December 08, 2008

Tuesday, 12/9

Sun 4:01
LAT 3:48
Jonesin' 3:45
CS 3:41
NYT 2:49

(updated at 9:24 Tuesday morning)

Matt Gaffney's got his weekly crossword contest, and Trip Payne has his Triple Play Puzzles with assorted types of crosswords. Now Brendan Emmett Quigley joins the ranks of talented constructors providing puzzles online. Brendan will be dispensing a crossword every Monday, Wednesday, and Friday—the first one, "Whipping Posts," looks to be on the tough side, and...I'm at a loss to explain the theme. (So no spoilers!) The content of the fill is along the lines of the Jonesin' and Onion puzzles, contemporary hipster pop culture, video games, tech stuff, etc. The clues for 9-Down and 42-Across had tasty misleads. Anyway, I'll probably start blogging about the BEQs after the holidays.

The New York Times crossword by C.W. Stewart packs in 72 theme squares—the board game CLUE and six phrases that begin with the tokens' colorful names:

  • PLUM PUDDING is a [Traditional Christmas dessert].
  • A [Red bird with black wings and tail] is the SCARLET TANAGER. It's a familiar bird name to me—I filled in the answer without reading the clue first, thanks to suggestive crossings.
  • [Traditional January event] is a WHITE SALE. My prediction: deeper discounts than ever before in '09.
  • [1999 Tom Hanks film, with "The"] is GREEN MILE. I'd rather have GREEN PEAS or something that's complete as the theme entry here.
  • MUSTARD PLASTER is a mighty quaint-sounding [Home remedy for skin irritations].
  • PEACOCK BLUE is a [Shade close to azure].
The theme felt either familiar or too tempting not to have been done before. My hard-working staff dug up two priors, the Sunday 5/3/98 NYT by BEQ (with three of the same answers) and the Friday 9/24/04 NY Sun by Jonathan Cass (two duplicates) with a 15x16 grid. So Stewart fit everything into a 15x15, and she and Will Shortz keyed the clues to an easy Tuesday level—it's a different slant on the theme.

In the fill, LADIES is clued as a [Word that can precede or follow "first"] (first ladies in the White House, "ladies first" as in this Free To Be...You and Me video), while NIPPLES are [Parts of baby bottles]. Nope, no clue cross-referencing here. It's a great LADIES clue, isn't it?

Richard Silvestri's Sun crossword, "New Dimensions," takes one- or two-dimensional shapes and beefs them up into two- or three-dimensional shapes. Haymarket Square becomes HAYMARKET CUBE, or [3' x 3' x 3' bale for sale?]. The clue's numbers had me thinking YARD rather than CUBE, and my first word association for Haymarket is riot, not Square. [One way to keep something level?] is to LAY IT ON THE PLANE (line), and [Orb of punk rocker Sid?] is VICIOUS SPHERE (Sid Vicious, vicious circle). ZIPCAR, the [Auto-sharing company], makes for a great entry. The fill's on the Scrabbly side, with a pair of Z's, a pair of X's, and a Q.

Matt Jones's Jonesin' crossword, "Circular Logic," turns TURN through a circle, moving one letter to the end with each step of the theme:
  • [Mark Morrison R&B hit of 1997] is RETURN OF THE MACK. I've never heard of it, but its TURN is in highlighted squares.
  • [Breakfast mishap] is BURNT TOAST, with the T sliding past URN.
  • [Bucket at the theater] is POPCORN TUB, with the U moving down past the RNT.
  • [Movies like "Star Wars," e.g.] are SPACE ADVENTURES, with the R after the NTU.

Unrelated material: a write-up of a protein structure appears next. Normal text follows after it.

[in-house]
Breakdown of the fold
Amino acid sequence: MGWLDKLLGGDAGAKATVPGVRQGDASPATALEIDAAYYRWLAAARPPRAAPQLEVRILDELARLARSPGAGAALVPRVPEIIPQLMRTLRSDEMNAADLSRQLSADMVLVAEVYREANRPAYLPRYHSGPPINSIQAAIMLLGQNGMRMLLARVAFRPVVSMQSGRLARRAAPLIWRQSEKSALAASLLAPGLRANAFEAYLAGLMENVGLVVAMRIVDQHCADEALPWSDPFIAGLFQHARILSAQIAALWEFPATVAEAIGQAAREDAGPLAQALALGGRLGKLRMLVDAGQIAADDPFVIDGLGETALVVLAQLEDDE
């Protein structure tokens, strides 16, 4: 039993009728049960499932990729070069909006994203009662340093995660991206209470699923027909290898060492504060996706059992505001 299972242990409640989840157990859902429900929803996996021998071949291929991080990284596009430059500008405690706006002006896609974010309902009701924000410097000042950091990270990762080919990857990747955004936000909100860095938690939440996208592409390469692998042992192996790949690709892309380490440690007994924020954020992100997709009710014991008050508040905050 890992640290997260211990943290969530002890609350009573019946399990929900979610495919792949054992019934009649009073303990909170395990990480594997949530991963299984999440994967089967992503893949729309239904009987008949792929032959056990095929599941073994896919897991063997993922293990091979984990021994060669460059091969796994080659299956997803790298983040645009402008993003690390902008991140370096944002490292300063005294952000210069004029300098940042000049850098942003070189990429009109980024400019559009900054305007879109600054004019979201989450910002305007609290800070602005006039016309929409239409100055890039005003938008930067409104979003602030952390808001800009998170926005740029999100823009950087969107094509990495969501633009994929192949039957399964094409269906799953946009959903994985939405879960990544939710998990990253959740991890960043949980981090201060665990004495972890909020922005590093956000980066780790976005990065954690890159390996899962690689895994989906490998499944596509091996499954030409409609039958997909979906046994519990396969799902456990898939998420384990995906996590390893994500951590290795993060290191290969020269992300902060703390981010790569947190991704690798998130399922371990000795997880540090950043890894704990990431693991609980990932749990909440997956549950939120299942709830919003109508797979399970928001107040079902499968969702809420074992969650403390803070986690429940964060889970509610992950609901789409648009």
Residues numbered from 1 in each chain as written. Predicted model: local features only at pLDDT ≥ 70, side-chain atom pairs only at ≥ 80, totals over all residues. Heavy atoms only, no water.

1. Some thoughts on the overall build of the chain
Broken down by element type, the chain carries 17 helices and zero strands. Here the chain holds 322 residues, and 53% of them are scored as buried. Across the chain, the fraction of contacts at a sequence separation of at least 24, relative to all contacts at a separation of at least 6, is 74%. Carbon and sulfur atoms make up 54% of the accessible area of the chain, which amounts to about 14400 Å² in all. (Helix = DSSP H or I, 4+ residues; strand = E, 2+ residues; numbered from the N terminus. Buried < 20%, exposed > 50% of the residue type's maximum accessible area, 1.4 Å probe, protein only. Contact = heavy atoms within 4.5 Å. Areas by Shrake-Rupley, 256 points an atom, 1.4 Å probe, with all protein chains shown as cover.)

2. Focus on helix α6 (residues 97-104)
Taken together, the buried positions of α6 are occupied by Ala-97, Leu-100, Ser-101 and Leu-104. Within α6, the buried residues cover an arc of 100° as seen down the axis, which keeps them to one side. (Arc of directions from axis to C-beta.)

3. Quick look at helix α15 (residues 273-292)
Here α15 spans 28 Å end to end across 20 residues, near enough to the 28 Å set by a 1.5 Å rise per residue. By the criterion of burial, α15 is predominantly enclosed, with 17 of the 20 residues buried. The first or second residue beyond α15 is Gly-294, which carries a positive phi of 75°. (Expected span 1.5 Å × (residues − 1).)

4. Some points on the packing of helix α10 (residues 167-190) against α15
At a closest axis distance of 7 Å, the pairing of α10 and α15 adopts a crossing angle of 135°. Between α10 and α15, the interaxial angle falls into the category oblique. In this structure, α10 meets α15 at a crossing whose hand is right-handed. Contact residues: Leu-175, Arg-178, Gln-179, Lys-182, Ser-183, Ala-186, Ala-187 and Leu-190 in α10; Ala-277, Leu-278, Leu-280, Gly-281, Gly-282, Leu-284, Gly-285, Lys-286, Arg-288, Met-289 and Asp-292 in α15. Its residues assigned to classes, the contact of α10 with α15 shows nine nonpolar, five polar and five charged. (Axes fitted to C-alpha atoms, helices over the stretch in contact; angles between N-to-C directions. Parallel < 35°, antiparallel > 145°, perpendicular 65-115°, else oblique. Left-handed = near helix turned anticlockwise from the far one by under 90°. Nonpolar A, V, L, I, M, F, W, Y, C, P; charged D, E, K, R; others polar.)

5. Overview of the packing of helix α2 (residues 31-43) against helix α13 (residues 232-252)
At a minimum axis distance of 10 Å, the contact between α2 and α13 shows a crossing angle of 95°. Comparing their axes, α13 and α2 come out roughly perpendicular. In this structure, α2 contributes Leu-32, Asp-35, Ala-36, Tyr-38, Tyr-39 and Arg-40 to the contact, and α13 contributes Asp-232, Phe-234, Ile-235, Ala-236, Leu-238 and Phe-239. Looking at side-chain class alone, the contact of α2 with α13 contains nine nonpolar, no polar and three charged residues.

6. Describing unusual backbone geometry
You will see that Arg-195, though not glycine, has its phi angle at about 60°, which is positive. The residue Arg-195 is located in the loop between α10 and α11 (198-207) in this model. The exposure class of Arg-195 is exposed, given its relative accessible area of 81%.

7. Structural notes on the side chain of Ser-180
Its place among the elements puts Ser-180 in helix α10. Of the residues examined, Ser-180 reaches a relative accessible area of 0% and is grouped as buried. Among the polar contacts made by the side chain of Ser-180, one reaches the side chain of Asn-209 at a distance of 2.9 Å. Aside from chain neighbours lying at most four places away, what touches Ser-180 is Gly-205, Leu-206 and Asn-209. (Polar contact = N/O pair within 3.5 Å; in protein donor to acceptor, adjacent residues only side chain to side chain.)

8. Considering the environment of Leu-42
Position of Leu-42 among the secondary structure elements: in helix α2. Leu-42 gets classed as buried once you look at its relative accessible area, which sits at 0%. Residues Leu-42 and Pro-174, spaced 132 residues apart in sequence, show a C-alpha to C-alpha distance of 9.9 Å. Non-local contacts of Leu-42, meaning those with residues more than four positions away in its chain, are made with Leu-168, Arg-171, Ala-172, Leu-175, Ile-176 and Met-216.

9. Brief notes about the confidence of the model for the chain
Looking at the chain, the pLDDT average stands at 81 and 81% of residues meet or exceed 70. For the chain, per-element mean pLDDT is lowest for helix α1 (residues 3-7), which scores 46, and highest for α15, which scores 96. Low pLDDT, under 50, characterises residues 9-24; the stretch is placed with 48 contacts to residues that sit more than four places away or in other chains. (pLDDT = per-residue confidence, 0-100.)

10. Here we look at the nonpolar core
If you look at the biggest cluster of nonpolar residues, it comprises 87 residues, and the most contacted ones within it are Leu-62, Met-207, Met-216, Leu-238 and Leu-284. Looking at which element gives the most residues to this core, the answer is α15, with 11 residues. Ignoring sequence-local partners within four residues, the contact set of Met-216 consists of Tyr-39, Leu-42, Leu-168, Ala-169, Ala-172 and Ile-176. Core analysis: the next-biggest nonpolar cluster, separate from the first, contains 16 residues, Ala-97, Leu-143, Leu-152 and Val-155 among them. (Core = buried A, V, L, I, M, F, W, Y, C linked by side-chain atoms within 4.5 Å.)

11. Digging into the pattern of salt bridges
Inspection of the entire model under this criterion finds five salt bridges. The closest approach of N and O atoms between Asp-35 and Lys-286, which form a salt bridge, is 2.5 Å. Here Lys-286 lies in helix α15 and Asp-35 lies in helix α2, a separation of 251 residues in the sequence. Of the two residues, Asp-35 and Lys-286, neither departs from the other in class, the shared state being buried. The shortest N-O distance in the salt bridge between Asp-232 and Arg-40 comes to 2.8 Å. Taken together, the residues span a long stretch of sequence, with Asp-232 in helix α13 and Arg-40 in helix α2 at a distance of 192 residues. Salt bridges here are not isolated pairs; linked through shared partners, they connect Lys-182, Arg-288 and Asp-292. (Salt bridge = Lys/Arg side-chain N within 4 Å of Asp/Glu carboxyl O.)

If you move the N to the end, you'll return to TURN. In the fill, there are stacked pairs of 9-letter answers shoring up some theme answers, and a chunky block of 7's in the middle connecting the other theme entries—plus a few other 8's and 9's here and there. Highlights: AMETHYST, ALAN ARKIN ([He played the grandfather in "Little Miss Sunshine"]), BRITNEY ([Sean Preston's mother]—and I wanted to fit YOKO ONO there. Wrong Sean), RAISE CAIN, '70s sitcom GOOD TIMES ([TV title sung after "Ain't we lucky we got 'em"]), and a TENDER AGE. Not to mention CILANTRO and a MASOCHIST ([One who doesn't mind feeling the pinch]). In the clues, I enjoyed the ["Cheers" exclamation] NORM. Unfamiliar fill: [Zapp Brannigan's assistant, on "Futurama"] is KIF; [Mazda Raceway Laguna ___ (Monterey racetrack in operation since 1957)] is SECA.


Don Gagliardo's LA Times crossword has 15 W's in it, and WWW isn't even used as an entry anywhere. The NYT record is 14 W's, so 15 is noteworthy. The theme is summed up by COMPOUND W, ["The wart stops here" product, and a hint to the theme]. The eight theme entries have compound W's—that is, double W's—and they're further compounded by the theme answers crossing in pairs. Interestingly enough, one of the pairs crosses at an O rather than a WW. Here are the octet:
  • The [1937 Disney heroine] SNOW WHITE crosses POWWOW, a [Native American ceremony] with a bonus W.
  • To [Snore] is to SAW WOOD and GLOW WORM is a [Bioluminescent larva]. This one crosses at an O.
  • ["What did you think of the movie?"] clues "HOW WAS IT," and "NOW WHAT?" is ["Yet another problem?"].
  • To [Become fatigued] is to GROW WEARY, and NEW WAY, or [Fresh approach], is the iffiest theme entry. I'm guessing there aren't so many 6- to 9-letter phrases or words with a WW in the middle.
I like that the wart medicine COMPOUND W could inspire a crossword theme. (Preparation H must be next.)

Tom Schier's CrosSynergy puzzle, "Hole Out," is another in which each theme entry is a series of words run together. I wouldn't mind not seeing this type of theme again—maybe one in which the words in the theme entry overlap, something with more inherent interest and challenge, would be more fun. What do you think?

The theme is ___ holes. I was filling in 17-Across by answering a bunch of Down clues in sequence. After 8-Down, I was presented with the following for 17-Across: CUBBYBUTT******. Omigod! Butthole makes its crossword debut! But no...the next two letters were ON. Buttonhole. Oh. That's different.